Warwick Castle is a fine example of a medieval castle. Located in the town of Warwick, it stands on a cliff overlooking the River Avon. The castle is a Grade I listed building and protected as a Scheduled Ancient Monument.
Built on the site of an Anglo-Saxon burgh, the castle was one of the first motte and wooden bailey structures to be built by King William after the Norman Conquest.
The castle and the title Earl of Warwick were granted to Henry de Newburgh in 1088 and Warwick castle became home to future Earl’s for several generations. It was used as a fortification until early in the 17th century when it was converted by the Greville family into a country house.
As with all the Norman castles, Warwick has seen many alterations over the centuries. The original motte and bailey structure was demolished in the 12th century and construction of a stone fortress began. During the Hundred Years War (1337 1453) the side of the castle facing the town was refortified. This fine example of 14th century military architecture still stands today.
Entrance to the inner courtyard is through a gatehouse in the curtain wall that still retains the old portcullis. Some the towers in the wall reached up to 40 metres high. The keep was located in the centre of the north wall and was designed to repel attack, both from outside and from rebel mutineers within.
It was flanked by the Clarence Tower to the left and the Bear Tower to the right. The majority of the residential buildings were located along the eastern wall facing the river which along with the thick curtain walls provided them with an ample defence against marauders.
Warwick Castle was renovated in the 17th century and the magnificent collection of furniture and artworks by European masters date from this period.
Warwick Castle is now leased by Merlin Entertainments (the owners of Alton Towers and a number of other UK attractions) and is a very popular UK tourist attraction.
Warwick Castle History
Warwick Castle is one of the most exciting and impressive castles in the UK, and due to the extensive rebuilding and restoration work carried out it is now a working castle and is a living museum of the life and times of several periods of history.
The castle stands on the banks of the River Avon, on what would originally have been the site of a fortification and riverside settlements constructed in 914 by Ethelfleda, daughter of Alfred the Great and Chieftain of the Mercians, following the attacks of Viking raiders. Ethelfleda’s Mound is still in existence and can still be seen within the castle grounds.
Following the Norman Conquest in 1066, the original fortifications were replaced in 1068 by a Norman motte and wooden bailey.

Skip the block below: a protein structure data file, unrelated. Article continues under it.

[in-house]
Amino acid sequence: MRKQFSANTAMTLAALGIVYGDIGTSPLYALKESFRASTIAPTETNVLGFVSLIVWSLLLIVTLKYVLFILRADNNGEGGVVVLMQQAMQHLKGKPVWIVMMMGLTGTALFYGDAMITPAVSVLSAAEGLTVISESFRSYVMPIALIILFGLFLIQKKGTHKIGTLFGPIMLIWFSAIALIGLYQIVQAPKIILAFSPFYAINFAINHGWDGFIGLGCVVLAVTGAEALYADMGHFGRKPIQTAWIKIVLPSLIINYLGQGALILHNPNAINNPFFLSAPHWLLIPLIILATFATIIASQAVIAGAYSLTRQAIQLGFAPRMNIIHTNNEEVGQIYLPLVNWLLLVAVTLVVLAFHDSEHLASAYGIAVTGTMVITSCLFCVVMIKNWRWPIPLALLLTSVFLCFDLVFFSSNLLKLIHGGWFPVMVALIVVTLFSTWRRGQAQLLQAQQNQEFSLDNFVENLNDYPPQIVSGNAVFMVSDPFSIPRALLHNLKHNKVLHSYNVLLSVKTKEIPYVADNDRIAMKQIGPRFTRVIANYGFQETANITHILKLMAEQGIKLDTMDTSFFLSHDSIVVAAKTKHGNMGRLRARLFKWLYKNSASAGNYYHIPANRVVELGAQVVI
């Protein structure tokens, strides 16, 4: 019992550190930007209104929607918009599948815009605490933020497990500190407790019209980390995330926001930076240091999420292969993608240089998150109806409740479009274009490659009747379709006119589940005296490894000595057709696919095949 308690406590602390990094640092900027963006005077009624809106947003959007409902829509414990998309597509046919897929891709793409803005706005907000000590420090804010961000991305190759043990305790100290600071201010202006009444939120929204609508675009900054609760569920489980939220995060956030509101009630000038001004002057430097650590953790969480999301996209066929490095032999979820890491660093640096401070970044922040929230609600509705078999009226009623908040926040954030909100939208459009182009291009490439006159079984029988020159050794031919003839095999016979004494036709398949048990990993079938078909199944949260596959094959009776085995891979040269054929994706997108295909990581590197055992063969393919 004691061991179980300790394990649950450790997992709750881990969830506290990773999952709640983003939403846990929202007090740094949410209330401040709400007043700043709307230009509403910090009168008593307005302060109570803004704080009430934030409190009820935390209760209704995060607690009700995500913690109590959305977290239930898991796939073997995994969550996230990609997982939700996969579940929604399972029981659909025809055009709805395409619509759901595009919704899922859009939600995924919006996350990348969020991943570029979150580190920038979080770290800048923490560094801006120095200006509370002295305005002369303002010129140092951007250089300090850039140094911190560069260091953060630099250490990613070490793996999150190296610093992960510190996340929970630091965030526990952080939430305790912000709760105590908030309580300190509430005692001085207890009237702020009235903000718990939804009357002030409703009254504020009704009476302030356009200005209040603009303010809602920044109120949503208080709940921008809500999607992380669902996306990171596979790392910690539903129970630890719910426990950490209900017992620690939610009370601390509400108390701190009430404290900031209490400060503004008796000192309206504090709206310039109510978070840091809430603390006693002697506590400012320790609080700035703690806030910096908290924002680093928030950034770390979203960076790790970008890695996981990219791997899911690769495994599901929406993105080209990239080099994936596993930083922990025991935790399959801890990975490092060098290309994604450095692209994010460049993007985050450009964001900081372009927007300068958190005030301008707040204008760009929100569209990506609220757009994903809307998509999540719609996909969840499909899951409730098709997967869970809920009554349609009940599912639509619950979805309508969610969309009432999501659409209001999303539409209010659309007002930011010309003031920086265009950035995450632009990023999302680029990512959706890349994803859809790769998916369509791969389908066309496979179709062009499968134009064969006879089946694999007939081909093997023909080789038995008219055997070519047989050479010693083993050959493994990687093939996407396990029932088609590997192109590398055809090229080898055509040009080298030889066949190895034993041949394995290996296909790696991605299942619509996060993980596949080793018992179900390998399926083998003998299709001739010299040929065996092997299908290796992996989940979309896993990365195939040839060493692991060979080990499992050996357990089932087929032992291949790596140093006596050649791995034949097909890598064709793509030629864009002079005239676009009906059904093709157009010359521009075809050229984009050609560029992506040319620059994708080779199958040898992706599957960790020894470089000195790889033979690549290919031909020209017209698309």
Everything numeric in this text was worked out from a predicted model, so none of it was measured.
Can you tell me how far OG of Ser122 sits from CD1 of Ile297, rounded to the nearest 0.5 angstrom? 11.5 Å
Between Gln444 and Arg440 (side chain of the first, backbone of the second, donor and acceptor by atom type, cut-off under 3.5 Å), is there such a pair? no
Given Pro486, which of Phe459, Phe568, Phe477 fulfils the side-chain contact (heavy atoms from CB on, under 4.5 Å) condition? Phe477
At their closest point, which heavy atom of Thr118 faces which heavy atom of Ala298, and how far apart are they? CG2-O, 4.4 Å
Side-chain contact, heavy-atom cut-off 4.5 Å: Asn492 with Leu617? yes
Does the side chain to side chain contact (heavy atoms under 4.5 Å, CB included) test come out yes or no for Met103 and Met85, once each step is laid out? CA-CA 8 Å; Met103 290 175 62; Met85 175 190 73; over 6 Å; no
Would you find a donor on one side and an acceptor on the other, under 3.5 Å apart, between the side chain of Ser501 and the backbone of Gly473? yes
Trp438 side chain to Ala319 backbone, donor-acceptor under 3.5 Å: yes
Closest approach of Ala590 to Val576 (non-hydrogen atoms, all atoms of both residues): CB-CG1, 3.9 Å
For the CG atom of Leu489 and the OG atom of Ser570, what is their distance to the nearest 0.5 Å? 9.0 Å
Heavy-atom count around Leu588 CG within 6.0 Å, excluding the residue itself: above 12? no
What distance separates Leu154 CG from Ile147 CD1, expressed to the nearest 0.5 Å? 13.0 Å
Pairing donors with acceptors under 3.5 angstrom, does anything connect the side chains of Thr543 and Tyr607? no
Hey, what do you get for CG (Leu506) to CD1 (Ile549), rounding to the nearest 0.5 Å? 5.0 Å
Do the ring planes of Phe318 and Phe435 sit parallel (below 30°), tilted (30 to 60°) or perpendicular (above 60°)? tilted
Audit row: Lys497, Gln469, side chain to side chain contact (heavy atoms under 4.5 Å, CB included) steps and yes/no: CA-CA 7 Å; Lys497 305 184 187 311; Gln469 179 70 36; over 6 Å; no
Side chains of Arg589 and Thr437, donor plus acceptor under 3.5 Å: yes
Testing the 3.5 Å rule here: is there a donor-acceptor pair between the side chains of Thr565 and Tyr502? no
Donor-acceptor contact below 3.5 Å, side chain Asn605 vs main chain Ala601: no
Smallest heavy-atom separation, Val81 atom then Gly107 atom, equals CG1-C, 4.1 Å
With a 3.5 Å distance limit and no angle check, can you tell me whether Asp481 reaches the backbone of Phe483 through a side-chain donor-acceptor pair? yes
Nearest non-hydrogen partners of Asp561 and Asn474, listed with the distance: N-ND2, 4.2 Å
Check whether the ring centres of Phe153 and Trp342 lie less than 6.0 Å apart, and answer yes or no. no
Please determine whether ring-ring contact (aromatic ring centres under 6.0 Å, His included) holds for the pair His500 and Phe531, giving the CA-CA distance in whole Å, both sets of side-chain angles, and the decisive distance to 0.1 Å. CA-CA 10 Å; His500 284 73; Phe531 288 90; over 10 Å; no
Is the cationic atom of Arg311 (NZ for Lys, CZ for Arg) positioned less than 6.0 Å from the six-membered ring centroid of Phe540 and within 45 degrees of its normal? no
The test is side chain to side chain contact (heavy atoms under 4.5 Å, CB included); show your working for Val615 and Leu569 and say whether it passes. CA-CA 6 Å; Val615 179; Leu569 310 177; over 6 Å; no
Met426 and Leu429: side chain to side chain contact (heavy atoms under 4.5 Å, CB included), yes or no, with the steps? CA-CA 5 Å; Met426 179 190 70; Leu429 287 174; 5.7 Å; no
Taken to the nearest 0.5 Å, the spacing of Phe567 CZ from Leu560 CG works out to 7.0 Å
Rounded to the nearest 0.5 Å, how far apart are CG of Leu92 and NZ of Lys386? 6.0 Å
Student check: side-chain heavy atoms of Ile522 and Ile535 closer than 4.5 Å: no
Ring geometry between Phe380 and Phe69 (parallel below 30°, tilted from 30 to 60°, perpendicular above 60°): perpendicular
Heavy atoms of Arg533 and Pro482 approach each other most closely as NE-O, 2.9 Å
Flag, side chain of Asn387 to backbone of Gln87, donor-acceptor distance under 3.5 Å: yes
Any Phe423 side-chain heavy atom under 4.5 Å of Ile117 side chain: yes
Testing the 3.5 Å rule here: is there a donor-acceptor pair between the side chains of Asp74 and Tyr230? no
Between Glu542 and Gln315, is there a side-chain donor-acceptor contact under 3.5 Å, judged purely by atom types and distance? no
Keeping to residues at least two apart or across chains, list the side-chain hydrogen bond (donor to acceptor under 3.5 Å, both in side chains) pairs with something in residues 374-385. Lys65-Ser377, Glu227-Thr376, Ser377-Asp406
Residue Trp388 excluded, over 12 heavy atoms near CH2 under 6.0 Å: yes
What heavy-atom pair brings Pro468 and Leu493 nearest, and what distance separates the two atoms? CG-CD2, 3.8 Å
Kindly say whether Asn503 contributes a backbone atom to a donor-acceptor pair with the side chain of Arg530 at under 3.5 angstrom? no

William the Conqueror gave the lands and title of Earl of Warwick to Henry de Newburgh in 1088, when the wooden fortifications were demolished and the stone castle began construction in 1260. Warwick Castle was home for the Earls of Warwick for many generations and it was one of the five areas in England where jousting tournaments could take place.
Jousting had originally been banned by Henry II on the grounds that they caused unnecessary injury to knights whose strength and skills would be needed in battle, but under an order named Conflictus Gallicus, his son Richard I (Richard the Lionheart) licensed jousting in those five areas in England upon payment of a licence fee. It was felt that by allowing knights to practice jousting or ‘tourneying’ they would be better able to match the skills of knights abroad, who were famed for their military skills.
From the fourteenth century Warwick Castle became the home of the Beaumonts in whose family the castle stayed for generations until the present day.
War of the Roses
During the Wars of the Roses, Richard Neville, Earl of Warwick was a staunch Yorkist in favour of the Duke of York and in opposition to the Lancastrians and King Henry VI. The King was captured by the Yorkists in 1460 and his son Edward declared King as Edward IV. It’s his direct involvement with the plot to unseat King Henry and to bring Edward IV to the throne that earned him the title of Kingmaker.
In the eighteenth century Lancelot Brown (Capability Brown, so named because he would survey the grounds of a stately home and pronounce that they had ‘capabilities’) was commissioned to redesign the gardens of Warwick and in 1750 brought a new fashion of landscaping using classical influences and artistic talent to the grounds of Warwick.
Warwick Castle was bought by the Tussaud Group in 1978 and then in 2007 was taken over by Merlin Entertainments who now operate a lease for the castle. You can see a full size working trebuchet, the medieval siege machine, which can be operated by members of the public under supervision. Jousting is held in the castle grounds during the annual summer pageants. Tickets and opening times are available from their website.